peer review

 

Growing Skepticism about the Stem Cell Acid Trip

Posted 20 February 2014 by Jalees Rehman

In January 2014, the two papers “Stimulus-triggered fate conversion of somatic cells into pluripotency” and “Bidirectional developmental potential in reprogrammed cells with acquired pluripotency” published in the journal Nature by Haruko Obokata and colleagues took the world of stem cell research by surprise. Since Shinya Yamanaka’s landmark discovery that adult skin cells could be reprogrammed into embryonic-like induced pluripotent stem cells (iPSCs) by introducing selected embryonic genes into adult cells, laboratories all over the world have been using modifications of... Read more

The Scientific Peer Review Process and its Limitations

Posted 16 July 2013 by Jalees Rehman

"...I can live with doubt and uncertainty and not knowing. I think it’s much more interesting to live not knowing than to have answers which might be wrong." Richard P Feynman, "The Pleasure of Finding Things Out"   It may be useful for non-specialists who are not actively involved in the scientific peer review process to get some insight into what constitutes “scientific peer review”. This blog post will give an overview of the peer review process, primarily based on... Read more

Blind Peers: A Path To Equality In Scientific Peer Review?

Posted 30 May 2013 by Jalees Rehman

There is a fundamental asymmetry that exists in contemporary peer review of scientific papers. Most scientific journals do not hide the identity of the authors of a submitted manuscript. The scientific reviewers, on the other hand, remain anonymous. Their identities are only known to the editors, who use the assessments of these scientific reviewers to help decide whether or not to accept a scientific manuscript. Even though the comments of the reviewers are usually passed along to the authors of... Read more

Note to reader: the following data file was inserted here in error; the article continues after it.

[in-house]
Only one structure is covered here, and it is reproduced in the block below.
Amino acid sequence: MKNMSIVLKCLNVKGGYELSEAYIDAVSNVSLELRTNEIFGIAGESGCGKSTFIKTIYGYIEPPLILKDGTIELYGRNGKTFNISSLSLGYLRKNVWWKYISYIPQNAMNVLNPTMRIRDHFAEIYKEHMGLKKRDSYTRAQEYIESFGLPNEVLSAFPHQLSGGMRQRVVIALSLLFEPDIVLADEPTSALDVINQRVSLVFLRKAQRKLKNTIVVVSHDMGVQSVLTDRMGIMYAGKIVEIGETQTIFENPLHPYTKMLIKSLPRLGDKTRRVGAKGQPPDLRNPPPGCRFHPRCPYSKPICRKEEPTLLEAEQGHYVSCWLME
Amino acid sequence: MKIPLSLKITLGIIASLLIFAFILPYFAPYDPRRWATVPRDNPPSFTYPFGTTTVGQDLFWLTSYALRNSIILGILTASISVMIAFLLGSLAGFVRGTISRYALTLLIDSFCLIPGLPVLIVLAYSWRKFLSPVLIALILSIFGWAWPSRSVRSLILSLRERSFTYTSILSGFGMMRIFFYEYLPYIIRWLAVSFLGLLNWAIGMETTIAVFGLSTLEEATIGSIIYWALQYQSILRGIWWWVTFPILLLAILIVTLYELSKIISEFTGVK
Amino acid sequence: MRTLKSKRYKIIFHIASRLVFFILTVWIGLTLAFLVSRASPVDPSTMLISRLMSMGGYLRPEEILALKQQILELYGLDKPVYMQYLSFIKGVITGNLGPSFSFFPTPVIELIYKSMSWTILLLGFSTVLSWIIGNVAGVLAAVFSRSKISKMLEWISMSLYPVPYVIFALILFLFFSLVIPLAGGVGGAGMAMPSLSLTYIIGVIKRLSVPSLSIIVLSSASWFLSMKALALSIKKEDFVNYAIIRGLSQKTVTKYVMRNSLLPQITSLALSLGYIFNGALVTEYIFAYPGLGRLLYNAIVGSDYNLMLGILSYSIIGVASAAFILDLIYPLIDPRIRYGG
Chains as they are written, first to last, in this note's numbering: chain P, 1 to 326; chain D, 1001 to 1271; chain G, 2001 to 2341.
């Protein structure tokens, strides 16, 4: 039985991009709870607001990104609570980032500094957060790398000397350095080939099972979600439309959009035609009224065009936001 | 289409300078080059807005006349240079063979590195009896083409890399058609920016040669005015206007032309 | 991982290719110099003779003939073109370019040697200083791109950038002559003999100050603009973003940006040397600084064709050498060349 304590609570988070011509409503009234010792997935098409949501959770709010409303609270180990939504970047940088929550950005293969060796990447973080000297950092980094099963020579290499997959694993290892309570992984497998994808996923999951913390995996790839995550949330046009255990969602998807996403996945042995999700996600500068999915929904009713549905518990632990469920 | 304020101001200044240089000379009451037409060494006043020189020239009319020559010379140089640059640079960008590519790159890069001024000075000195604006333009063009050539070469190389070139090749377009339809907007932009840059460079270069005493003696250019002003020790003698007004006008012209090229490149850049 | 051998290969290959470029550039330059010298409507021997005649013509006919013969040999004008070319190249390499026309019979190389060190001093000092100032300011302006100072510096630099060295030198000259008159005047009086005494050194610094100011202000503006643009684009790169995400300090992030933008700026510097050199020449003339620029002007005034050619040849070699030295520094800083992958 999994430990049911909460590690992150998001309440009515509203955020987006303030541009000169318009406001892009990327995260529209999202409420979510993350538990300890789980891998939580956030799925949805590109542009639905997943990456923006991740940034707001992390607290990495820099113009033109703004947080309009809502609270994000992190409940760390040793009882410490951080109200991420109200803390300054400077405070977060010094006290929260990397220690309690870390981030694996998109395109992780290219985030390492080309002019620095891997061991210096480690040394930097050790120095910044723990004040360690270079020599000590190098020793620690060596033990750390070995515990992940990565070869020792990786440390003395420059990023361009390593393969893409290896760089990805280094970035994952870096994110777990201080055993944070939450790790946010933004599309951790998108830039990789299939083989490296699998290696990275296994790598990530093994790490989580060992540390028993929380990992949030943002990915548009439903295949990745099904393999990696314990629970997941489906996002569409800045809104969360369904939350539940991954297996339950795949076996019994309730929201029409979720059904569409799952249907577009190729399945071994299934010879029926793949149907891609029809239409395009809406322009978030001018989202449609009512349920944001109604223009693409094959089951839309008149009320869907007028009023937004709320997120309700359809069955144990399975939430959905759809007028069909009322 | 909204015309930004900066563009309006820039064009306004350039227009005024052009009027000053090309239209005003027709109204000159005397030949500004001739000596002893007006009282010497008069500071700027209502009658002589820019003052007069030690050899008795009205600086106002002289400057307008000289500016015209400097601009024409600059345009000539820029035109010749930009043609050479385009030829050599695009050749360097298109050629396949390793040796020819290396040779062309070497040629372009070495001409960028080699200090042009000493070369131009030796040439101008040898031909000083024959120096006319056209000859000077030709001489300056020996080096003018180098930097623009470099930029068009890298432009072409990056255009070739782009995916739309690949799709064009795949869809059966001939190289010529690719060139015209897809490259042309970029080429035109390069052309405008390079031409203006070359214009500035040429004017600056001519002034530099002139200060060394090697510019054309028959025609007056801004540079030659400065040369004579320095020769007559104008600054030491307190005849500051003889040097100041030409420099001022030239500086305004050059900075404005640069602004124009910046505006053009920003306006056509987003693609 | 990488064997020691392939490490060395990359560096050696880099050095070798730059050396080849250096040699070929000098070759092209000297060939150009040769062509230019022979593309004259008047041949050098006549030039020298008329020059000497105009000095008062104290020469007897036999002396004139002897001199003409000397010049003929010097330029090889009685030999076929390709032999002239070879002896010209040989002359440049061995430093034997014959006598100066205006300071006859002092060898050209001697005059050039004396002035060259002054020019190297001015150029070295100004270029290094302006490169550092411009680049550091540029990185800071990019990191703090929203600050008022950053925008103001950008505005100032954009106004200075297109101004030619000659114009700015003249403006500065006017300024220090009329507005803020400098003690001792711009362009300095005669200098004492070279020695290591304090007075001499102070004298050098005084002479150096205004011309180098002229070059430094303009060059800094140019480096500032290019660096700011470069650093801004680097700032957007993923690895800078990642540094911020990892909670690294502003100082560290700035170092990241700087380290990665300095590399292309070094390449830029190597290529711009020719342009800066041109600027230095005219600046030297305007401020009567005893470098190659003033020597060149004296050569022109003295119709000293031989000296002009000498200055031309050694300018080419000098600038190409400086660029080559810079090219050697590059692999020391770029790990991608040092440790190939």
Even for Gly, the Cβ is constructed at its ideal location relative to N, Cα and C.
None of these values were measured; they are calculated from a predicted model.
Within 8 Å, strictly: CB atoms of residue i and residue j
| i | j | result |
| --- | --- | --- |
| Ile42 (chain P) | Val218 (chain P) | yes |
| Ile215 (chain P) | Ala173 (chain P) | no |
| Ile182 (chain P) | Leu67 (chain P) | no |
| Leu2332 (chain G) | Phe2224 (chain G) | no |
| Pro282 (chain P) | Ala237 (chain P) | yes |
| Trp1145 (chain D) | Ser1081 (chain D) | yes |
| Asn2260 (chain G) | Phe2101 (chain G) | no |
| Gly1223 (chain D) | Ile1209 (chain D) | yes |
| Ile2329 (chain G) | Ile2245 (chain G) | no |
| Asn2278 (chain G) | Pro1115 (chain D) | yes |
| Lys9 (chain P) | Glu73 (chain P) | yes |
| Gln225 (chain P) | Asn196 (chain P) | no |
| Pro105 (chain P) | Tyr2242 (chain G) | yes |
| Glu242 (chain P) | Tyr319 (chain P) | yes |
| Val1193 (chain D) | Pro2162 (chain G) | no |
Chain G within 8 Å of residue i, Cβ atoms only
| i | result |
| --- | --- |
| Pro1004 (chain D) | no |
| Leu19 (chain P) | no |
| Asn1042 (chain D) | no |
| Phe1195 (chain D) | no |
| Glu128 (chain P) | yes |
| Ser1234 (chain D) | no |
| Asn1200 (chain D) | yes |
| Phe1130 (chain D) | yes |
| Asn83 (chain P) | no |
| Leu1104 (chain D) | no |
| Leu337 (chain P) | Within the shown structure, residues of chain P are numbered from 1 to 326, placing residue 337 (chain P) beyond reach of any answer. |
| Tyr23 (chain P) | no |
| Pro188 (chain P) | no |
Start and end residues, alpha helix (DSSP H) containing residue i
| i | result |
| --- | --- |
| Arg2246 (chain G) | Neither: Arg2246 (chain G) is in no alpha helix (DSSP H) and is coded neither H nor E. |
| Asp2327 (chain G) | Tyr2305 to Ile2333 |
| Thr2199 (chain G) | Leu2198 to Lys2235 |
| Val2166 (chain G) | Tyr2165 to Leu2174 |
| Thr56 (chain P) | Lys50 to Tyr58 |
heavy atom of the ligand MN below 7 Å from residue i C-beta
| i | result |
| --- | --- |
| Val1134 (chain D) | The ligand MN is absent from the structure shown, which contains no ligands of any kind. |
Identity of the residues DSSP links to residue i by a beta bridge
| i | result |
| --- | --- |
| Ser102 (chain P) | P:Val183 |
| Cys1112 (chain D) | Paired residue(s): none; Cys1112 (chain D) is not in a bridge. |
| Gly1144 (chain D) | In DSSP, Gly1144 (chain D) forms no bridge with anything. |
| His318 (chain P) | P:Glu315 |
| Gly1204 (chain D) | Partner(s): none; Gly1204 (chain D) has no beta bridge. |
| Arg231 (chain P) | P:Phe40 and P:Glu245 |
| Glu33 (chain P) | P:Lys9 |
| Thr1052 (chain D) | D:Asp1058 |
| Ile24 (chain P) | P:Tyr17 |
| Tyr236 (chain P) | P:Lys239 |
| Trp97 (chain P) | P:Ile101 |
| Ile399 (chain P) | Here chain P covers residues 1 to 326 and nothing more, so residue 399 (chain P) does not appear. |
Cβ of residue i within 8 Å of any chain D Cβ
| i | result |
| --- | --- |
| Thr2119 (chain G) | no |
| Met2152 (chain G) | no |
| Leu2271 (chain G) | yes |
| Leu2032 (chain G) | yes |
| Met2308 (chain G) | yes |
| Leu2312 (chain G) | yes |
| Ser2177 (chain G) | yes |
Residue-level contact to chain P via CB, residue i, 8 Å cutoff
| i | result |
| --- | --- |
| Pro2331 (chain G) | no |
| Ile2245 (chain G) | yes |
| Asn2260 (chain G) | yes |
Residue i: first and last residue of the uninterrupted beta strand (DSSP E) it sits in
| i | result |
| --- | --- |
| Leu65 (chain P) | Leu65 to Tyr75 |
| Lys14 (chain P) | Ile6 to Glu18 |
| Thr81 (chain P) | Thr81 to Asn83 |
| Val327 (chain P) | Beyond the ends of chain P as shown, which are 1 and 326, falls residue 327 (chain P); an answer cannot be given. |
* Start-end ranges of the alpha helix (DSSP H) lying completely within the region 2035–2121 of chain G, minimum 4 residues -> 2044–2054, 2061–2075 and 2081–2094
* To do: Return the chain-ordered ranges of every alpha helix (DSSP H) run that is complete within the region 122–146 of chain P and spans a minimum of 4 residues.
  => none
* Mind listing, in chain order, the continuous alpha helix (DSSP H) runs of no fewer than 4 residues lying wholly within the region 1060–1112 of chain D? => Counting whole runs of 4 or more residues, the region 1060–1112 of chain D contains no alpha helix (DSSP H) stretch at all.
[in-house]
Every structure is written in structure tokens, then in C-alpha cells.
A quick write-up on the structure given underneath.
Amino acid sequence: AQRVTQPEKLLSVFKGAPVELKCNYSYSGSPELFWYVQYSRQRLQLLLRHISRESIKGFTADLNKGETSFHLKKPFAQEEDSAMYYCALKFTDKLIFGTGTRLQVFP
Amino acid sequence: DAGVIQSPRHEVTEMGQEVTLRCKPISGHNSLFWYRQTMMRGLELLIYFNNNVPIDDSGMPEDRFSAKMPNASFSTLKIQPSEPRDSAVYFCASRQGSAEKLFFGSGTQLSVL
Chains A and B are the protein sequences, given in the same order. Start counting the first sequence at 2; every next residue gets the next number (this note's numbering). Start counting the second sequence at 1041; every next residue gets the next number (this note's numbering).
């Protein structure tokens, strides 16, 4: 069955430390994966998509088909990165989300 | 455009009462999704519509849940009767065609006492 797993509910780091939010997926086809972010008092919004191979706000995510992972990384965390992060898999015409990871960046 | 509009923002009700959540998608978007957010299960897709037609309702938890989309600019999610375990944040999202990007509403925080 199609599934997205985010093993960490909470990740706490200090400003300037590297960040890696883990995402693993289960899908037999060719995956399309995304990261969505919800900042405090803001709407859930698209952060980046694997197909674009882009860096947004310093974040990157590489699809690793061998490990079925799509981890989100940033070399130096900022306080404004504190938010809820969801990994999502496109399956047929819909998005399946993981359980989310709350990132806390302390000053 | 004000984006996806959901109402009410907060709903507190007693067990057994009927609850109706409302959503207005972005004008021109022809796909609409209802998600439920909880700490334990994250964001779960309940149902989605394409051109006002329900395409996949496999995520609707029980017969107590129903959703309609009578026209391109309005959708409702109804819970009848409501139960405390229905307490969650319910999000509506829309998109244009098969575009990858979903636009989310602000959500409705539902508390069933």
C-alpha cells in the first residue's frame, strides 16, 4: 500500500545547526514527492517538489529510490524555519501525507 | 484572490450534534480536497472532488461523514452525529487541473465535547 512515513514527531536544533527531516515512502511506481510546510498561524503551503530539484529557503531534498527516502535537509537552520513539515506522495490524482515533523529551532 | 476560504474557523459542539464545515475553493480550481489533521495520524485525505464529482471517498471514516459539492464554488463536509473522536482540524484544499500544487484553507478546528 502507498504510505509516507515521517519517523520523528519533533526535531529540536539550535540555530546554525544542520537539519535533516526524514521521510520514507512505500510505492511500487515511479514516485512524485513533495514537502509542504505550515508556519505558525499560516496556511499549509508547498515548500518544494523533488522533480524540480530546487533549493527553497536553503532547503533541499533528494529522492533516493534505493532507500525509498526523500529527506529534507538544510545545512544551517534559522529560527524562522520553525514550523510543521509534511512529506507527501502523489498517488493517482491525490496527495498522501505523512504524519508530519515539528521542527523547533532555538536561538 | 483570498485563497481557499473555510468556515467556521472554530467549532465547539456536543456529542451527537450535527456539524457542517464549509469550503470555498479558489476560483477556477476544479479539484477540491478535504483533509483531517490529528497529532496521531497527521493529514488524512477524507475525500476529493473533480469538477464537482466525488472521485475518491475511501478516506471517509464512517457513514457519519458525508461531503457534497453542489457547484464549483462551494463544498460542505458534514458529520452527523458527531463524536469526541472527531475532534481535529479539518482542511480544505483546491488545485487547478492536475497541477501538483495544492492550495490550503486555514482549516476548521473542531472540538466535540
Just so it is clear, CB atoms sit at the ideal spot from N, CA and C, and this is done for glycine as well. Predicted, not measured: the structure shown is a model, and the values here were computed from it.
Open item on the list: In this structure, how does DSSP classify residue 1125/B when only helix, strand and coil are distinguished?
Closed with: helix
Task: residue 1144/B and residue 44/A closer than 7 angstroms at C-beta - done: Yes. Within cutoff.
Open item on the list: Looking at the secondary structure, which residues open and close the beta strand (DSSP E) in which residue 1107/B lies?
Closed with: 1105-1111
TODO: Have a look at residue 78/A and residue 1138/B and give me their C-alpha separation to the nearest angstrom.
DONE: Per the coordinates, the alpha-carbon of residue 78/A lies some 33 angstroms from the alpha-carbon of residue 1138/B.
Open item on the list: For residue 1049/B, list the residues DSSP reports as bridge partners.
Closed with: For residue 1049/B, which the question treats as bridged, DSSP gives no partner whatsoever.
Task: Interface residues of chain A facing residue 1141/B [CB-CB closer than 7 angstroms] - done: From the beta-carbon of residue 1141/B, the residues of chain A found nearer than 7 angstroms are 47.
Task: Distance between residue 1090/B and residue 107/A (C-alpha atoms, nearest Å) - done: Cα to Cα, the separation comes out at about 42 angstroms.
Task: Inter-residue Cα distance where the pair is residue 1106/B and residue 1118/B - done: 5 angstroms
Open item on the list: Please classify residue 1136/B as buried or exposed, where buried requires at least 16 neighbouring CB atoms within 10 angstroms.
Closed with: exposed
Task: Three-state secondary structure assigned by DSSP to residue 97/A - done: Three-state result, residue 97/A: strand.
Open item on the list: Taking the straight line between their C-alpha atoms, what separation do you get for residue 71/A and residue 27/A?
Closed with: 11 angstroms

New Directions In Scientific Peer Review

Posted 13 February 2013 by Jalees Rehman

Most scientists have a need-hate relationship with scientific peer review. We know that we need some form of peer review, because it is an important quality control measure that is supposed to help prevent the publication of scientifically invalid results. However, we also tend to hate scientific peer review in its current form, because we have had many frustrating experiences with it. We recently submitted a manuscript to a journal, where it was stuck for more than one year, undergoing... Read more

Is Kindness Key to Happiness and Acceptance for Children?

Posted 28 December 2012 by Jalees Rehman

The study "Kindness Counts: Prompting Prosocial Behavior in Preadolescents Boosts Peer Acceptance and Well-Being" published by Layous and colleagues in the journal PLOS One on December 26, 2012 was cited by multiple websites as proof of how important it is to teach children to be kind. NPR commented on the study in the blog post "Random Acts Of Kindness Can Make Kids More Popular", and the study was also discussed in ScienceDaily in "Kindness Key to Happiness and Acceptance for... Read more

Great Expectations For Scientific Publication: How Digital Publishing Is Helping Science

Posted 22 November 2012 by Jalees Rehman

I recently came across a rant that lamented the advent of digital publishing, open access publishing and self-publishing in science. The rant was published in the Huffington Post as a “digital” blog post (ah, the irony), entitled “50 Shades of Grey in Scientific Publication: How Digital Publishing Is Harming Science”. It was reminiscent of the rants that might have been uttered by calligraphers who were upset about the emergence of Gutenberg’s printing press or concerns of European aristocrats in the... Read more